6. Even though the petitioners were discharged and the seized amounts were returned back to them, no interest which had accrued thereon was paid to them. According to the petitioners, the seized amounts were deposited by the officers of Enforcement Directorate in the bank and it earned substantial interest thereon. The petitioners called upon the Enforcement Directorate to pay the amount of interest accrued on the seized amount contending that they were entitled to interest on the amount illegally seized since they were deprived of the user thereof. The request of the petitioners did not yield fruits. Consequently, the petitioners have invoked extra ordinary jurisdiction of this Court as stated in the opening para of the judgment.
7. Mr.Andhyarujina, learned counsel for the petitioners urged that the respondents had no authority to pocket the interest admittedly accrued on the aforesaid seized amount and hence the retention of the said amount by the respondents is illegal, arbitrary and without any justification whatsoever. According to him, the amounts seized by the respondents on 12th November, 1998 under the provisions of FERA were not in any way involved in the contravention of any of the provisions of the FERA as held in the order dated 28th February, 2001, which has been passed after detailed hearing. Thus, there was no basis to seize the amounts at all. That having seized the amounts illegally, which were ordered to be returned back to the petitioners, the respondents are bound and liable to return the same together with interest accrued thereon as otherwise it would amount to travesty of justice. That on the face of the findings, the seized amounts were not in any way involved in contraventions of any provisions of the FERA, the petitioners cannot be deprived of the amount of interest accrued thereon without any basis of justification whatsoever.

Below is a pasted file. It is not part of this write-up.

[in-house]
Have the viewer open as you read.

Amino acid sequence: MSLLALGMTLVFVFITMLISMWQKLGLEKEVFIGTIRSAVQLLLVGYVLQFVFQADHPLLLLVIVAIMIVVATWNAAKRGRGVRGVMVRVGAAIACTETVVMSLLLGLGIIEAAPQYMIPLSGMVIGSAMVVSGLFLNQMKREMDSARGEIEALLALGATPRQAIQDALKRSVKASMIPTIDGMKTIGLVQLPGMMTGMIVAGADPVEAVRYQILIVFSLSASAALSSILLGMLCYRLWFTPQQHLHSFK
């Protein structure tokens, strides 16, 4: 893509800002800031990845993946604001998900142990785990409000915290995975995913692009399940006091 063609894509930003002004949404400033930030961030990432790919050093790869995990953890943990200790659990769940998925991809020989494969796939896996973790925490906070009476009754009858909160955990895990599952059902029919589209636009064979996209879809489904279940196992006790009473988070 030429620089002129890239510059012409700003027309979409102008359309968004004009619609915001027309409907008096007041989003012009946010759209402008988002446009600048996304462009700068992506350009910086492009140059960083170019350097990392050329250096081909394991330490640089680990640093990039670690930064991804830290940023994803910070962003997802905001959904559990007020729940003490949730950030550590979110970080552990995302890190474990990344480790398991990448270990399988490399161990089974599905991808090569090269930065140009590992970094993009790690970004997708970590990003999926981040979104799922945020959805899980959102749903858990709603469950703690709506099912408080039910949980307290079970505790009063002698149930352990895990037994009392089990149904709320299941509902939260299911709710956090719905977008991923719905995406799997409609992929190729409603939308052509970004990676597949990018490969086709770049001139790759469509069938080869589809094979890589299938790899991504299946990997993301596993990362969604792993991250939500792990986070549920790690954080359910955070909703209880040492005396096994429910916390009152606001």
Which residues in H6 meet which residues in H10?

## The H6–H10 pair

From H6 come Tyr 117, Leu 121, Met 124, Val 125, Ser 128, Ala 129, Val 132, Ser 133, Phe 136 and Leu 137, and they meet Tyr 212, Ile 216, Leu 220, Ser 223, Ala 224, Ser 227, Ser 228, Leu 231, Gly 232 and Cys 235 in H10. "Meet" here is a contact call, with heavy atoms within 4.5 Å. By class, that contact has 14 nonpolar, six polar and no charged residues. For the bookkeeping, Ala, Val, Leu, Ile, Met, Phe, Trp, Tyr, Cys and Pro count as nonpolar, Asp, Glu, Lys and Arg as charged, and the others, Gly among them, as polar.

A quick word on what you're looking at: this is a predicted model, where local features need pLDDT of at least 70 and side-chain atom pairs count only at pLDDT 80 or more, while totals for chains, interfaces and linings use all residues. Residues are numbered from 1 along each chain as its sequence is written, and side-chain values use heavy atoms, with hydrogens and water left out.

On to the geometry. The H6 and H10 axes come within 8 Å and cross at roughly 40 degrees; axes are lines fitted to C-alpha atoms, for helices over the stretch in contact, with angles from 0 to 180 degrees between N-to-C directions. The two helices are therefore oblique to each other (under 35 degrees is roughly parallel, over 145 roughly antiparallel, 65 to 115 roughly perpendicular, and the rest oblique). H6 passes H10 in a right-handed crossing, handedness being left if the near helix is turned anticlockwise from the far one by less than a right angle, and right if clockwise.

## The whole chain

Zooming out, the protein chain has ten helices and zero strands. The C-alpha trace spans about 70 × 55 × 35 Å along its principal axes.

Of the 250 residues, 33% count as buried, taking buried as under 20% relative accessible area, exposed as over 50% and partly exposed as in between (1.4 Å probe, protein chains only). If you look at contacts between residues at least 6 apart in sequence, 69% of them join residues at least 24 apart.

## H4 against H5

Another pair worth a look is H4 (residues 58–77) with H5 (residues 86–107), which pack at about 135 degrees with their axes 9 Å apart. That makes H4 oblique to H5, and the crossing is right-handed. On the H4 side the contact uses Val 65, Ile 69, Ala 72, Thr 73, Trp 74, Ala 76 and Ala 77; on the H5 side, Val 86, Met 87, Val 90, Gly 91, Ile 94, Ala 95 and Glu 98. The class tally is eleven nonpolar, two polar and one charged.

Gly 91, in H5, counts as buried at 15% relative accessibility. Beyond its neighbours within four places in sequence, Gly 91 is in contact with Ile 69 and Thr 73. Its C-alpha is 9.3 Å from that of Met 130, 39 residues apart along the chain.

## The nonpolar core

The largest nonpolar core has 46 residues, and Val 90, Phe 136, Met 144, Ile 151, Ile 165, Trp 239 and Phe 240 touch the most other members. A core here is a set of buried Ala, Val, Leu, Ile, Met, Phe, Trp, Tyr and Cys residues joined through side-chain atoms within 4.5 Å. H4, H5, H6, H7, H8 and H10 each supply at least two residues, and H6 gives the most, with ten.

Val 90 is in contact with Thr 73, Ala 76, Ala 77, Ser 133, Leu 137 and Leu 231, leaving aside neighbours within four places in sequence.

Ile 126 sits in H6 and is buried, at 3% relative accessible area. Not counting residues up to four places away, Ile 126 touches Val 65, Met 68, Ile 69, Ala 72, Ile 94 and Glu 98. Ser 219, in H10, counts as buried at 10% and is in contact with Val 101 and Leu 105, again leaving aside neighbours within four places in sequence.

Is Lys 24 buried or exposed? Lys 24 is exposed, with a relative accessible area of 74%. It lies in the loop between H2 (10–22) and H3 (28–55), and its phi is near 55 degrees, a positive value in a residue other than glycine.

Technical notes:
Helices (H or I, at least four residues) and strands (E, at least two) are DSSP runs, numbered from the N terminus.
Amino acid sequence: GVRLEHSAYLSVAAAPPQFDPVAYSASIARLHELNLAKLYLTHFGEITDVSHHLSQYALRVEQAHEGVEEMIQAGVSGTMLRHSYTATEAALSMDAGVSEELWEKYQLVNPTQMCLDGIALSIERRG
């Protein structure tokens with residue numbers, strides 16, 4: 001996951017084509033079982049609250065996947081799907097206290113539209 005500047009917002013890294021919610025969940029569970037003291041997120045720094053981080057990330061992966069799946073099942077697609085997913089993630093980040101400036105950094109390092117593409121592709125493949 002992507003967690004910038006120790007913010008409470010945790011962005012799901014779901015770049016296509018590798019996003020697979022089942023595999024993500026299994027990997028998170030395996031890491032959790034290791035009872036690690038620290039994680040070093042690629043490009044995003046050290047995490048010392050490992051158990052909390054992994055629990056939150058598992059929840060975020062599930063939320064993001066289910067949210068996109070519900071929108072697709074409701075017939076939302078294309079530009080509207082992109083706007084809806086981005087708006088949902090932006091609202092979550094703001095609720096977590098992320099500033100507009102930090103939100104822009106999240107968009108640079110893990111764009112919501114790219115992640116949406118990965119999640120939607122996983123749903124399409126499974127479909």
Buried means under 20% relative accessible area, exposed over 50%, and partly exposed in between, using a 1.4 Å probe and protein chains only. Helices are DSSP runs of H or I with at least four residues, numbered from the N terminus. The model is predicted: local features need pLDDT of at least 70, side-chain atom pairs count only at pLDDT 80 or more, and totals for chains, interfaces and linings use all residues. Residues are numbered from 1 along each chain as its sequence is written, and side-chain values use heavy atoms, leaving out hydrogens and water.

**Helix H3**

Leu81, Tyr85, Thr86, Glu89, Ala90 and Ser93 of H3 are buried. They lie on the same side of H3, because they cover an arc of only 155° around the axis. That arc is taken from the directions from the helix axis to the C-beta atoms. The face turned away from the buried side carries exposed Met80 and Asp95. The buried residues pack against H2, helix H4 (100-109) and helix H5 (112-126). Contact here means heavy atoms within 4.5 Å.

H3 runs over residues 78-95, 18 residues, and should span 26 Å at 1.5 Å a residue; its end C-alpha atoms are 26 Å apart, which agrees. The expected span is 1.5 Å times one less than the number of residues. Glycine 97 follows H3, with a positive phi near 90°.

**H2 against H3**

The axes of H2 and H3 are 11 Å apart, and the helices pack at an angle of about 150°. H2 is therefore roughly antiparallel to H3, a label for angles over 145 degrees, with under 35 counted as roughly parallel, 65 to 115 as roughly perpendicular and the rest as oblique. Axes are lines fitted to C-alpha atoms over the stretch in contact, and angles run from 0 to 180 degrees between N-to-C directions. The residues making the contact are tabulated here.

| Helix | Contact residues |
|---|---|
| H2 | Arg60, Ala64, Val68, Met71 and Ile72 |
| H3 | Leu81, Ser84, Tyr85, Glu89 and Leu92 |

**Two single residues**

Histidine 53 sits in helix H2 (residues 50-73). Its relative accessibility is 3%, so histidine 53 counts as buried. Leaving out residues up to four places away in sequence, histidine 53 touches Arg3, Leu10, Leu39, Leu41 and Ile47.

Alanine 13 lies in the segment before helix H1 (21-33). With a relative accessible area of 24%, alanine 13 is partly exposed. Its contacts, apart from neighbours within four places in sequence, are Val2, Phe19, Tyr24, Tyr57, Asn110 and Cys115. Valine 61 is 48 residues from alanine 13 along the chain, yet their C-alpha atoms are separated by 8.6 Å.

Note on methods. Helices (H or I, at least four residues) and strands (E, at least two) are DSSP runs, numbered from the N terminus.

8. Mr.Andhyarujina further submits that permitting the respondents to retain the said amount of interest would cause unjust enrichment in favour of Revenue at the cost and prejudice of the petitioners. Thus, in his submission, the retention of the amount of interest accrued, by the Revenue is totally arbitrary, illegal and without authority of law and violative of the fundamental rights of the petitioners guaranteed under Articles 14 and 19(1)(g) of the Constitution of India. He submits that under the provisions of section 42(3) of the FERA, the respondents are bound to return to the petitioners the interest on the seized amounts of cheque and currency notes from the date of seizure till the date of return. He also relied upon the provision of rule 8 of the Foreign Exchange Management (Encashment of Draft, Cheque, Instrument and Payment of Interest) Rules, 2000 read with section 37 of the Foreign Exchange Management Act, 1999.